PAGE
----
after months of lockdown, protests, relentless screens.

Bored by random piles, I closed my eyes to tune in, feel.
No psychic—I felt nothing, only wind and dry heat.
I climbed stairs to search sky, chagrined to be a downer
on the whole UFO-alien-vortex tourist scene. Saw nothing.

It’s possible, I admit, and several loved ones believe,
and even I honor Tibetan Buddhist alien-looking deities,
but truth be told, I would likely run, piss or cower
in an alien’s presence. I actually pray to never meet

one in my lifetime. I feel at home on Earth, terrestrially
satisfied with distant stars, mountains, rushing streams.
Regardless, the earnest owner of the UFO Watchtower
in the middle of this salty, dark-sky desert needs to eat.

My generous husband shopped gleefully, bought every
type of tourist trinket but a hat: t-shirt, alien-head earrings,
alien magnet, tie-dyed life-sized alien blow-up pool doll, our
own his & her alien print socks, alien heart coffee

cup offered at a discount price for slight printing
smudges, post card, two Gumby-alien bendable green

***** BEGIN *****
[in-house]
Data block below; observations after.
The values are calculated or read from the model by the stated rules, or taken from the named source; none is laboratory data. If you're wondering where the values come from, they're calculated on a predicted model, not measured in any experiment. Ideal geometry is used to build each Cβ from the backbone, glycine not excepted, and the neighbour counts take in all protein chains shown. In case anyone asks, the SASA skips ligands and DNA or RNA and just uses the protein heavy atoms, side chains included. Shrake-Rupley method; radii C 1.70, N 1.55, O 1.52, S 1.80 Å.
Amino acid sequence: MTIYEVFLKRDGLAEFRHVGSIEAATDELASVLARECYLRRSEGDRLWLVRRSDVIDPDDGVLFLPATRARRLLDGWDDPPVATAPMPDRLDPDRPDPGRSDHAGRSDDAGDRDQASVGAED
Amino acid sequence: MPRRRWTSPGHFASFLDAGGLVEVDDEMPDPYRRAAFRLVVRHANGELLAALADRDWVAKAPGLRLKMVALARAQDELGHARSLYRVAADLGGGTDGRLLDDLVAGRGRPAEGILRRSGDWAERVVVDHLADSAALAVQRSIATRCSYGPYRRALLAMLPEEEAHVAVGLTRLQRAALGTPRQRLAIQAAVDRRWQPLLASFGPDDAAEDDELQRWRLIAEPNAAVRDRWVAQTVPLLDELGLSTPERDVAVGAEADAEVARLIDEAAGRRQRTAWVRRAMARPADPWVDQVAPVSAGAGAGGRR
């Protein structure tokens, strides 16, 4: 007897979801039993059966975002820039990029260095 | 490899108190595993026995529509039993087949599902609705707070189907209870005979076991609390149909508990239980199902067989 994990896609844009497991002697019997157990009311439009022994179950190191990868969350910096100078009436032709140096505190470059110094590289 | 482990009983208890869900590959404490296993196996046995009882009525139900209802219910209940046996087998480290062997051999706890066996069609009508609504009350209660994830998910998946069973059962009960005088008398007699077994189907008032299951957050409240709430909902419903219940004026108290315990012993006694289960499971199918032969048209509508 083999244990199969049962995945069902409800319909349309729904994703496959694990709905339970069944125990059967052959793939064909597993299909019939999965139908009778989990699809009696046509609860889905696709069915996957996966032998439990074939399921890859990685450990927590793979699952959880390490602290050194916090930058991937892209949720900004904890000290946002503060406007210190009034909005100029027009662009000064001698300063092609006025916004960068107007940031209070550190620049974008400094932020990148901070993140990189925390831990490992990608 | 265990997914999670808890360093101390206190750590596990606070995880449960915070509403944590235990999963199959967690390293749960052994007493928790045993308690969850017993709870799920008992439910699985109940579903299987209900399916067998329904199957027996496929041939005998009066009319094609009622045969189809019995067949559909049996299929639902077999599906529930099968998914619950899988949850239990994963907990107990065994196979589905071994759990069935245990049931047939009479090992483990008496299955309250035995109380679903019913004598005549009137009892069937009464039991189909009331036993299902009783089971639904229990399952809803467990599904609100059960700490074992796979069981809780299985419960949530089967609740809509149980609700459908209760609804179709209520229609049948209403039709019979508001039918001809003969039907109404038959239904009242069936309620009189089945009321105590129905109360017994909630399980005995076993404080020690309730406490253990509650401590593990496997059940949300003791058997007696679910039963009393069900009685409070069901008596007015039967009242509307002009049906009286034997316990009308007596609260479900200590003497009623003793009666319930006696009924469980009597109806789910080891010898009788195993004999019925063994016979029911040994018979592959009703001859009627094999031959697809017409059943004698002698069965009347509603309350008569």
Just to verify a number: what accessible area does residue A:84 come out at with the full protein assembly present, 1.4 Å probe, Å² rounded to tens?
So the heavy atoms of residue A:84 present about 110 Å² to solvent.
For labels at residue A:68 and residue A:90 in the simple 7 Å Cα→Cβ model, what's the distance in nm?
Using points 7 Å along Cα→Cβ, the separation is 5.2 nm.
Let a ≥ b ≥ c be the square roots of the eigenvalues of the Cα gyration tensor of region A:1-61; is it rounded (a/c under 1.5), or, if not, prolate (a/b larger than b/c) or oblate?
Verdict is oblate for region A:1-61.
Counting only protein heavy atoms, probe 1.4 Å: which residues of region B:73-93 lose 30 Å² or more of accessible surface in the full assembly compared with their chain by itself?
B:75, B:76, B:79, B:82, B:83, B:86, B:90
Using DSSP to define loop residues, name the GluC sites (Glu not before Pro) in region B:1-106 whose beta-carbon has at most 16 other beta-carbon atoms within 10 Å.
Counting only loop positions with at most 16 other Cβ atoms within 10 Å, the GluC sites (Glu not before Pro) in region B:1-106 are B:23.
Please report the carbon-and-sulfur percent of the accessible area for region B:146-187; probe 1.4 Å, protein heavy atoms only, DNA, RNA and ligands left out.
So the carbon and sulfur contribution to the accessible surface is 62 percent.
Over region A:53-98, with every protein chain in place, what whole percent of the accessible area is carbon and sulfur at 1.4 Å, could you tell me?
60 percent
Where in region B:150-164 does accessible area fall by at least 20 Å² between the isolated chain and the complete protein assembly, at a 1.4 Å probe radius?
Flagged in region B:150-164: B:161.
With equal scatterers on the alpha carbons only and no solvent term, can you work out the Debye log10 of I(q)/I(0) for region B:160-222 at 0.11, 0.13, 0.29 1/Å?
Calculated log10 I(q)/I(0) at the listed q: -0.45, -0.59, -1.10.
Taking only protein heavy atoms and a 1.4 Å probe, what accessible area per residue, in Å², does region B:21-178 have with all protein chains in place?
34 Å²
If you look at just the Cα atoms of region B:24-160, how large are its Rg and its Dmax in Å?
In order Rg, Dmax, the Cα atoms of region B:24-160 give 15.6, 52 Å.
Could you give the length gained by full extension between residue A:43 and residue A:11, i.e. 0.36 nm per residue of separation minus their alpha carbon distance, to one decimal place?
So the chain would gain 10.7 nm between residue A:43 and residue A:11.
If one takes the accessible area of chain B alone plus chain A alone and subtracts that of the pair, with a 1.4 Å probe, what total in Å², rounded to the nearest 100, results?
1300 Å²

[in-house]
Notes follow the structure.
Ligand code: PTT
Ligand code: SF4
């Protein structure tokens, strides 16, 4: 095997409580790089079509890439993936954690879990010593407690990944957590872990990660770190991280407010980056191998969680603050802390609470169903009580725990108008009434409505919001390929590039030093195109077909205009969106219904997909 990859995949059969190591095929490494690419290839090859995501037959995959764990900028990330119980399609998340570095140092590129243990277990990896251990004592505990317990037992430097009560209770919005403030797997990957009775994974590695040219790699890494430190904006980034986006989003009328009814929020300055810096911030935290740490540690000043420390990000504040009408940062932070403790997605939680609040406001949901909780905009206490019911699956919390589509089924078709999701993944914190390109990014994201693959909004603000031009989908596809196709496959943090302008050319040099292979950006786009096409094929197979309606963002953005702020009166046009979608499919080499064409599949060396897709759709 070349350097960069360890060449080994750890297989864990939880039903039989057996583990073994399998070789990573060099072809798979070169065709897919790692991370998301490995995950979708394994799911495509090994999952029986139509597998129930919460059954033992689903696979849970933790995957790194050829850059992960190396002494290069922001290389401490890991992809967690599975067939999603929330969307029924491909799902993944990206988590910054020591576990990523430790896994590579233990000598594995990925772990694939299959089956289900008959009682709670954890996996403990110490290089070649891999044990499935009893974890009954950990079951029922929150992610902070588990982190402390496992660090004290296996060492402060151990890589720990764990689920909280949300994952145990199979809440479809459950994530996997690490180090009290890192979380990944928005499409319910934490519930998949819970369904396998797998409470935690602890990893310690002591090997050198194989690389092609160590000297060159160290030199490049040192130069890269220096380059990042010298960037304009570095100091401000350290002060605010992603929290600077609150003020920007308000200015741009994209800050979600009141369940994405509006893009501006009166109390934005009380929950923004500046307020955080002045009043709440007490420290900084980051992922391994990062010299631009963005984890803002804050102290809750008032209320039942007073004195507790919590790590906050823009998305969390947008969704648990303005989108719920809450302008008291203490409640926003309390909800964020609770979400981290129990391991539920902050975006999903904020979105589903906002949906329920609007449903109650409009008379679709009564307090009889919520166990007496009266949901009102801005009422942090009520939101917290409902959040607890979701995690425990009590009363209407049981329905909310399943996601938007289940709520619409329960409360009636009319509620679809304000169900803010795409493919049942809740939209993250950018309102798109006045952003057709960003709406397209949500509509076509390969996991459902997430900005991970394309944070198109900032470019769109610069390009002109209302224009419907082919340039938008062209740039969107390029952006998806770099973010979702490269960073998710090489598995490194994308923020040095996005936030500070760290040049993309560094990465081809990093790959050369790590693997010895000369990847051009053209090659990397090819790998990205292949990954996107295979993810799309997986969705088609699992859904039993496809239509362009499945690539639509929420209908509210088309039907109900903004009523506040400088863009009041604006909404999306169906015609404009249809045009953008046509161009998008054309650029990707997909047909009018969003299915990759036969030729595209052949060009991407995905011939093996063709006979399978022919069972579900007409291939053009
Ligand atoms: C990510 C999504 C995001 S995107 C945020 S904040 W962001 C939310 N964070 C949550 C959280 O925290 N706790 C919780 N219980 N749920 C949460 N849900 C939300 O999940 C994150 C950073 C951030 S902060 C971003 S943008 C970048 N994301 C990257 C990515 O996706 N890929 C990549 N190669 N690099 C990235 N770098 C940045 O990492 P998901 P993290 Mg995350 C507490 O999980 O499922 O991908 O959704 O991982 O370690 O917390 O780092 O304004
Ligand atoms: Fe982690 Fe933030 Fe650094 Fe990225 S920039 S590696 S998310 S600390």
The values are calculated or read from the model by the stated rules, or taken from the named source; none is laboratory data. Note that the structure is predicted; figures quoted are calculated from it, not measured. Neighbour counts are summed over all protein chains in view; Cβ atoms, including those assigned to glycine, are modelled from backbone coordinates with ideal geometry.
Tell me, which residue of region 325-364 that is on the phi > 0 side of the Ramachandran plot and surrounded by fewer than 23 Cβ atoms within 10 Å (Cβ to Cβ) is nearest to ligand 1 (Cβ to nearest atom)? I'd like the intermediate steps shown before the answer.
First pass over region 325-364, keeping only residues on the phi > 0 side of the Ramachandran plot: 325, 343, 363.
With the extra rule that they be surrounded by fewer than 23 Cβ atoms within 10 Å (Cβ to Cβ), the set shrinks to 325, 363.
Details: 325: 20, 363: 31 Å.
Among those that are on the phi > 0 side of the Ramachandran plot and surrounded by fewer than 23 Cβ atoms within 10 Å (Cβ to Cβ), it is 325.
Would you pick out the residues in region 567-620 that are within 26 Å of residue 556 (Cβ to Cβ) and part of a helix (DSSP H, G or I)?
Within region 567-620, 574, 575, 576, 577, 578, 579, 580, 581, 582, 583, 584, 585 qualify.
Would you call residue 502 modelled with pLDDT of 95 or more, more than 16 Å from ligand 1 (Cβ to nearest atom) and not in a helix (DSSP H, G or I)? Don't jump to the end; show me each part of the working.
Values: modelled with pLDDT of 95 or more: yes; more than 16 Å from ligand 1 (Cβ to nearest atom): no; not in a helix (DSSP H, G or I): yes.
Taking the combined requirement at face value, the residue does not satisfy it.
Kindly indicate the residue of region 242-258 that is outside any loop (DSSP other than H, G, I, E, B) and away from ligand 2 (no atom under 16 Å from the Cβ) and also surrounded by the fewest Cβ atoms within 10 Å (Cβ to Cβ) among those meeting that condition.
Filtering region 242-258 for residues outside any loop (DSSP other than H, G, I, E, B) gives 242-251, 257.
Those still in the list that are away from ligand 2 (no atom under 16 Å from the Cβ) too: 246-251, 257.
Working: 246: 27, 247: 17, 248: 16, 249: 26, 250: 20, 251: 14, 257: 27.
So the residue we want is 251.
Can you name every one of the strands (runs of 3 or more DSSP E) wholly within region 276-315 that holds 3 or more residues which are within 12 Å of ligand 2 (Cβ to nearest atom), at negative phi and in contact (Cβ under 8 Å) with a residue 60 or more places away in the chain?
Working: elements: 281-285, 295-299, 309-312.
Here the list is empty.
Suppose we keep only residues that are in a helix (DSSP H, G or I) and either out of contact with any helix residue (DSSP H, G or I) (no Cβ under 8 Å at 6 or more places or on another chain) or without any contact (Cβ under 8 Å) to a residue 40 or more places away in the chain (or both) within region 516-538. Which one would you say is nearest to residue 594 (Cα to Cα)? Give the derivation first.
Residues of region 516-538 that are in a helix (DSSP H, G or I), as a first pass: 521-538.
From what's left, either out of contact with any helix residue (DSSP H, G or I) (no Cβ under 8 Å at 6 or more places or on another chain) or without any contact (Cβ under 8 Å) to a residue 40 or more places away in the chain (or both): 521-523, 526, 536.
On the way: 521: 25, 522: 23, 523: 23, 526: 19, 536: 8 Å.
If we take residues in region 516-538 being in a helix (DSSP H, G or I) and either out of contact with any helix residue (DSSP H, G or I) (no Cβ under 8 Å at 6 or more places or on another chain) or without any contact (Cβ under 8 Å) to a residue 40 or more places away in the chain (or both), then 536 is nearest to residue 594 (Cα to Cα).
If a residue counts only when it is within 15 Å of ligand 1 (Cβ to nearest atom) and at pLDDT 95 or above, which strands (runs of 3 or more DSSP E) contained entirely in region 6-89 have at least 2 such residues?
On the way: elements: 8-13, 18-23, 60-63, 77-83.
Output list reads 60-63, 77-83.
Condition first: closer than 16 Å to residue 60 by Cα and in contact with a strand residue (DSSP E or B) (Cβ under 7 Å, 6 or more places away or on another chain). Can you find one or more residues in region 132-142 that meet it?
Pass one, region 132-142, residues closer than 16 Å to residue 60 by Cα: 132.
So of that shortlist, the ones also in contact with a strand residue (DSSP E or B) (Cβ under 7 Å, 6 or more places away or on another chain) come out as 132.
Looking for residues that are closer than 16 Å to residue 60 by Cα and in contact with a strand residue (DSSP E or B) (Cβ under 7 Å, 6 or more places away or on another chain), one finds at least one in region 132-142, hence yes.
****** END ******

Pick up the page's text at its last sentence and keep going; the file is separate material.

dolls, painted alien-faced rocks. Gifts for his daughters.
Unmasked, we drove home, clutching inalienable dreams.



July 1st, 2020

A domestic Christo and Jean Claude,
I let dust, coiled hairs, black grounds,
bread crumbs and toothpaste puddle crusts
drape my surfaces like white or pink fabric,
orange and blue umbrellas only I can see
across the landscapes of my house. I notice,
I notice, the textured grime, the tiny piles
of things. Days may pass, or weeks, until
I cannot bear anymore the memory, suspense
of what’s underneath—abstract shapes, clean
lines, order, shine revealed by spray or sponge.
I become the artist and the audience in one,
for those who do not notice what needs wiped,
do not notice it newly bright, except perhaps
in an unexpected lightness of mood while
stirring coffee before setting down the spoon.



June 11th, 2020

The moment when a feeling enters the body/
is political. This touch is political/* said Rich
the year I was born a girl. The minefields

of my husband’s black body, mine,
my sons’ white bodies, mine, proliferate.
Text fields. Silent white woman mother wife

poet, keep quiet. (Not) your stories to write. Mine.
My body ignores their borders, knows what lies
beneath a temple, gun, knee, has hung from trees.

Keep them all alive, three hearts beat/en outside
my body, mine, blood I built and build with touch.
I turn down, muffle public words. Cannot speak

for the men I serve, lives, minds (not) mine. Mine.
I tiptoe, tremble, touch their skin, wrap arms
around them in the dark, in the kitchen.**

* from Adrienne Rich, “The Blue Ghazals,” in The Will to Change, 1971